Nellie and Lue enjoyed entertaining. On weekends they hosted card parties or friends would gather to play music. Nellie could play the piano enthusiastically and it was always "peppy and happy-go-lucky! Choir practices and meetings were often held at the Bunney's home. When they owned one of the first television sets in the community, neighbours and friends would gather to watch. Everyone who visited was assured a warm welcome.

Nellie was always involved in physical activities. Besides skating, ballet and tap dance lesson in her younger years, she played softball, enjoyed acrobatics and even had a trapeze trainer. Nellie was on the University of Alberta track team and competed in the field events at an Intercollegiate Meet in 1939. Later, she played and was captain of the Winfield ladies softball team, which always competed at Winfield's, May 24th "Sports Day". The team also practiced and took part in neighbouring towns' sports days. When the curling rink was completed in the fall of 1953, she curled for many years

When Nellie moved to Winfield, she became involved in the community immediately. The first winter she played clarinet for the Saturday night dances along with Aron Brown who played banjo. Nellie was so talented musically that if a certain instrument was needed for a specific concert or show, she would learn it well enough to perform. Many Winfield students got their musical start when Nellie taught them piano. She was a member of the Legion Ladies Auxiliary and Community Club. Her involvement with the Anglican Church included belonging to the Women's Association, playing organ for Sunday services and fundraising for 15 years to raise money for the Sunday School program at the annual March 17th concert.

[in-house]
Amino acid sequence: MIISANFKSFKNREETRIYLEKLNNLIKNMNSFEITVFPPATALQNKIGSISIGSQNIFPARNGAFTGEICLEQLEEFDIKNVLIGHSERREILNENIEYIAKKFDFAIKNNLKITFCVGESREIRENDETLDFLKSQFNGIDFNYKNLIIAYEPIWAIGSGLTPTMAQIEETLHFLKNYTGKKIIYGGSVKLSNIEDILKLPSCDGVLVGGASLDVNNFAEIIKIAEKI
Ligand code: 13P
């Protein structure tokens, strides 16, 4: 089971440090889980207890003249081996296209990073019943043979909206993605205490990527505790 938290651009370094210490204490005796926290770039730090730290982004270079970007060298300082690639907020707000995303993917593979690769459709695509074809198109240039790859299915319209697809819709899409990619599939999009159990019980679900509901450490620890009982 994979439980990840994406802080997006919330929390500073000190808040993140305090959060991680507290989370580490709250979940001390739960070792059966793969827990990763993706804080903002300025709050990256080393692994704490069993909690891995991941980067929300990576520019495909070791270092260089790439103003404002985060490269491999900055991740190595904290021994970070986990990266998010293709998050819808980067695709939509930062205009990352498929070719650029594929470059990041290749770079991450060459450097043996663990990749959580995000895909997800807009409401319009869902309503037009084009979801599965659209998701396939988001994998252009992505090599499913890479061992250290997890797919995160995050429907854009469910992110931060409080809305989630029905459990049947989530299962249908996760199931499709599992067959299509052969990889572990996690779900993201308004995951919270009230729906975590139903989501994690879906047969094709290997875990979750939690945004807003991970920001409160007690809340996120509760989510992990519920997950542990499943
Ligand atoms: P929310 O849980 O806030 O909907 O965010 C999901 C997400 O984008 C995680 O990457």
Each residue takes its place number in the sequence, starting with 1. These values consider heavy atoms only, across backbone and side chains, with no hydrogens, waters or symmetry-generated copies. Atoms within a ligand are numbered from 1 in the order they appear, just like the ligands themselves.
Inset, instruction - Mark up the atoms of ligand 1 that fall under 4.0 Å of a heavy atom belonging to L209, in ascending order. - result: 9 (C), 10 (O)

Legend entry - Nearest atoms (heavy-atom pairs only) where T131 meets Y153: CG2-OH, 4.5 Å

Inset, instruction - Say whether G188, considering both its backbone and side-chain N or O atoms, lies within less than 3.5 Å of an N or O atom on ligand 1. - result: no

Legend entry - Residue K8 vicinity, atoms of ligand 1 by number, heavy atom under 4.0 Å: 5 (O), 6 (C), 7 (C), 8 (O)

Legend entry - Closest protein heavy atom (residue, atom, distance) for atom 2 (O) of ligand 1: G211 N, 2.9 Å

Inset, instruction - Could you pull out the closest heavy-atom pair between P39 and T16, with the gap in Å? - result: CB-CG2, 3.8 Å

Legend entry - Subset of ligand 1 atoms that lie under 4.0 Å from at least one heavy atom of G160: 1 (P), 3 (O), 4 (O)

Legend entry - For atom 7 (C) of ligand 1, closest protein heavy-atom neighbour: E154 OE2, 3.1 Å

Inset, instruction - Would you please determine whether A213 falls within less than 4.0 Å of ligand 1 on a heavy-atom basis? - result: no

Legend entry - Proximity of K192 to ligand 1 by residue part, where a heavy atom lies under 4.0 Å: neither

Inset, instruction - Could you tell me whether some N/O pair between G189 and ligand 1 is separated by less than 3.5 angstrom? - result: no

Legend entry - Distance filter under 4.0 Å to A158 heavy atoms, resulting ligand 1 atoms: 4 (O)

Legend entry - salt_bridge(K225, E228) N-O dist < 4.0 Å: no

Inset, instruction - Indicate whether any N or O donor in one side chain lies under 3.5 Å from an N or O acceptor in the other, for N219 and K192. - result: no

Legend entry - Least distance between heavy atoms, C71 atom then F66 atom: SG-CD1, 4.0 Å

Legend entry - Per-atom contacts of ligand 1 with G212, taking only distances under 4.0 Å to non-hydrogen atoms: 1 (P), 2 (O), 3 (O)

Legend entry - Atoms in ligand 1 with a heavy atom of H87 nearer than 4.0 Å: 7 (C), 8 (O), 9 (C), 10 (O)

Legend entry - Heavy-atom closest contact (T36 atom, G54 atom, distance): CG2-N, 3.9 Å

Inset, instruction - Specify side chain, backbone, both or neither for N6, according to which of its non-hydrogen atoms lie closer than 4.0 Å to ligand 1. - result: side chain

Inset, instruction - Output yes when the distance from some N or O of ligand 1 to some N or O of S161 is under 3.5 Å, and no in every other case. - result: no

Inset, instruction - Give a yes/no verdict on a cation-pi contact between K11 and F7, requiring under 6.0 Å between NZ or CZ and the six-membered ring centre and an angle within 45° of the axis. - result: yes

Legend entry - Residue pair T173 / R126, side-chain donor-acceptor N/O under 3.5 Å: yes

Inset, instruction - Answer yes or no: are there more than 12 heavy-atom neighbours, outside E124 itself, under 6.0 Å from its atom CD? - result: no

Nellie also found time for other things she enjoyed. She planted a large garden in the spring and went berry picking in the fall to ensure that food was plentiful over the winter months. She enjoyed square dancing, fishing, cooking and baking. She could not give out her bread recipe because it was never the same, just always delicious!

Nellie was a compassionate and caring woman. She had a soft spot in her heart for children. She once bought a cow from a young lad who was with the 4H Club. She knew that he was from a needy family and wanted to help, but what do you do with a cow in town? Another child told his mother that she was the only adult in the community who would publicly acknowledge him.

Unfortunately, Nellie developed progressive muscular atrophy. It progressed to a stage where she had to give up the store in 1975. A friend of hers wrote of her health, "Nellie had a lot of courage when she was unable to do things any more and always seemed to be able to see the bright side even though there really wasn't one. She was greatly missed in Winfield when she had to go out of business."

For the next 13 years, Nellie and Lue lived at their home in Winfield. In 1988, they briefly moved to the West Pine Lodge Senior Citizen Home in Winfield. The next year, because of Nellie's failing health, she moved to the Extendicare Facility in Leduc. Lue moved to Devon to be closer to her. Despite her poor health, Nellie enjoyed participating in all the activities within the home. The staff at the nursing home enjoyed her company, as she was friendly to everyone. Despite her poor health, she remained strong in character. Nellie passed away on March 16th, 1997 at 81 years of age.